Marieke Lucas Rijneveld, the Dutch person who defines herself as non-binary and who gained notoriety by winning the 2020 International Booker Prize, withdrew from a project to translate the work of the African-American poet Amanda Gorman after the violent reactions against the publishing house in charge of the project, generated by the criticism of an activist for whom the translation should be in the hands of a black specialist as the author.
Rijneveld had announced on social networks on February 23 that he would work for the Meulenhoff publishing house on the project of translating the verses of The Hill We Climb -the poem Gorman read during the inauguration ceremony of the US president Joe Biden– as well as the first collection of poems by the author. In turn, Gorman had replicated the tweet of the Dutch writer.
Soon after, the Dutch cultural activist Janice Deul questioned the measure in an opinion piece for the Dutch media De Volkskrant. “An incomprehensible choice, in my opinion and that of many others who expressed their pain, frustration, anger and disappointment through social networks,” he wrote.
Deul’s criticism of Meulenhoff lies in not having chosen a translator who shared a skin color with Gorman and was a “young artist, woman and, without a doubt, black.” For her, Rijneveld, 30, is “an incomprehensible choice.”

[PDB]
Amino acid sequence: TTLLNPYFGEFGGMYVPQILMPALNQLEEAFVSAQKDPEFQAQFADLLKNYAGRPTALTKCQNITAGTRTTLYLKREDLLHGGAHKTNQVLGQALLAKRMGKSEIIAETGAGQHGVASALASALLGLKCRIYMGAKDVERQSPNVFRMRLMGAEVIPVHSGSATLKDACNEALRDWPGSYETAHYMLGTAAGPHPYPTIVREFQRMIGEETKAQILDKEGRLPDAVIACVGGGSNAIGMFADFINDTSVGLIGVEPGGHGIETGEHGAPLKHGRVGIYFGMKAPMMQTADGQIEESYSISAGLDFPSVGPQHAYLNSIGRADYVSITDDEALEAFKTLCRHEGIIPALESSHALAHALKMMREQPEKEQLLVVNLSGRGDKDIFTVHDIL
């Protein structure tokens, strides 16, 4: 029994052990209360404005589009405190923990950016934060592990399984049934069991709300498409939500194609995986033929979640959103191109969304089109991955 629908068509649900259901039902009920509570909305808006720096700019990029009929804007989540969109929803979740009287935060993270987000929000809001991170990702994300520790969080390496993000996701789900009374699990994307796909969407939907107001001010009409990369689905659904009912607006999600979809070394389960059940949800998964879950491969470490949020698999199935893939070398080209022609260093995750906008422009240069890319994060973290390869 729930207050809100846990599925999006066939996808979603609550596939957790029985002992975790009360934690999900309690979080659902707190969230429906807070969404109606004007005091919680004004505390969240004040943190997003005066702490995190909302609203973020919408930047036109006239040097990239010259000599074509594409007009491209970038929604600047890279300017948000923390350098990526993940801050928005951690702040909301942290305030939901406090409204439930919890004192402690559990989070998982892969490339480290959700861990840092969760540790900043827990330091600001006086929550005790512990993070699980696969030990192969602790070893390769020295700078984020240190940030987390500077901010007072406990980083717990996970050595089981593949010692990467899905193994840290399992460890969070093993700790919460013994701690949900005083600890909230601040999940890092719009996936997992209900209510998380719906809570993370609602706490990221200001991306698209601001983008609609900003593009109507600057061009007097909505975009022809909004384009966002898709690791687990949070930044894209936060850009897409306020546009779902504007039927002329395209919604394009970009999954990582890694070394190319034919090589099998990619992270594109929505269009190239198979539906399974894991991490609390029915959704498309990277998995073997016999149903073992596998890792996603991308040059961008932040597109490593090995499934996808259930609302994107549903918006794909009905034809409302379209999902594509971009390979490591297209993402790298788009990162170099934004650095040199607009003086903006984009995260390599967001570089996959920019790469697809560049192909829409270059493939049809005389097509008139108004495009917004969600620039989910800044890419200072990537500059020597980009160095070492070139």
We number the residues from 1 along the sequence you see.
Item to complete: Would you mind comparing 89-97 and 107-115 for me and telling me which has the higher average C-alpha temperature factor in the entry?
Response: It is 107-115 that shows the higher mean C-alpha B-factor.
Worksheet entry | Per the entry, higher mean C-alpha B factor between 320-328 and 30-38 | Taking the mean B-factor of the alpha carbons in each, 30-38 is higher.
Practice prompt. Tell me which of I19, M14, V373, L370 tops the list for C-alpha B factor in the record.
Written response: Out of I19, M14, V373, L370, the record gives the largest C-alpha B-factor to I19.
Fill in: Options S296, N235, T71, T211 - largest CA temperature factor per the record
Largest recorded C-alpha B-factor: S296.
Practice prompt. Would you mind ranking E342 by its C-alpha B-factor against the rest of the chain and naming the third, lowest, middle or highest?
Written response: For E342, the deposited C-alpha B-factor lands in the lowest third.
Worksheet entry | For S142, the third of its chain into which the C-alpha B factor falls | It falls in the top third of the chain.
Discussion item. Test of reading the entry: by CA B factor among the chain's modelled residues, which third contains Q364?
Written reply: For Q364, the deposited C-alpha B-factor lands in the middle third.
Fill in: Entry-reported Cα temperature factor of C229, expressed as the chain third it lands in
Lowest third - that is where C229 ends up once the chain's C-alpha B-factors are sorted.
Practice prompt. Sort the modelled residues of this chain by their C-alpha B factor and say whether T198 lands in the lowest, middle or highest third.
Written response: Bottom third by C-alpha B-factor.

Amanda Gorman is already a celebrity and made to the cover of “Times”.
“Isn’t it, to say the least, a missed opportunity to hire Marieke Lucas Rijneveld for this job?” added the activist and pointed out that the author who defines herself with a non-binary identity “has no experience in this matter.”
“Nothing to the detriment of Rijneveld’s qualities, but why not choose a writer who, like Gorman, is an artist of the spoken word, young, female and unapologetic, black?”
The criticism prompted Rijneveld to resign from the offer, who said on her Twitter account: “I am shocked by the scandal surrounding my participation in the Dutch translation of Amanda Gorman’s work, and I understand people who feel hurt for Meulenhoff’s decision to choose me”.
“Amanda’s team has said that they still support Meulenhoff’s election and I appreciate the trust that has been placed in me. What interests me is the richness of the language”, she added.
“I happily dedicated myself to translating Amanda’s work, in which I saw as the greatest task to maintain her power, tone and style. But I was well aware that I was in a position to think and feel like her, where many cannot. I still wish that your ideas reach as many readers as possible and open many hearts,” added Rijneveld in her message.
For its part, in a statement, the Meulenhoff publishing house said that it understood the author’s decision. “We want to learn from this, through dialogue, and we are going to go a different path with the new knowledge,” said General director of the label.
Later, Deul, satisfied to have achieved his goal, responded in a new tweet that included images of the statements of Meulenhoff and Rijneveld: “Thank you for this decision.”
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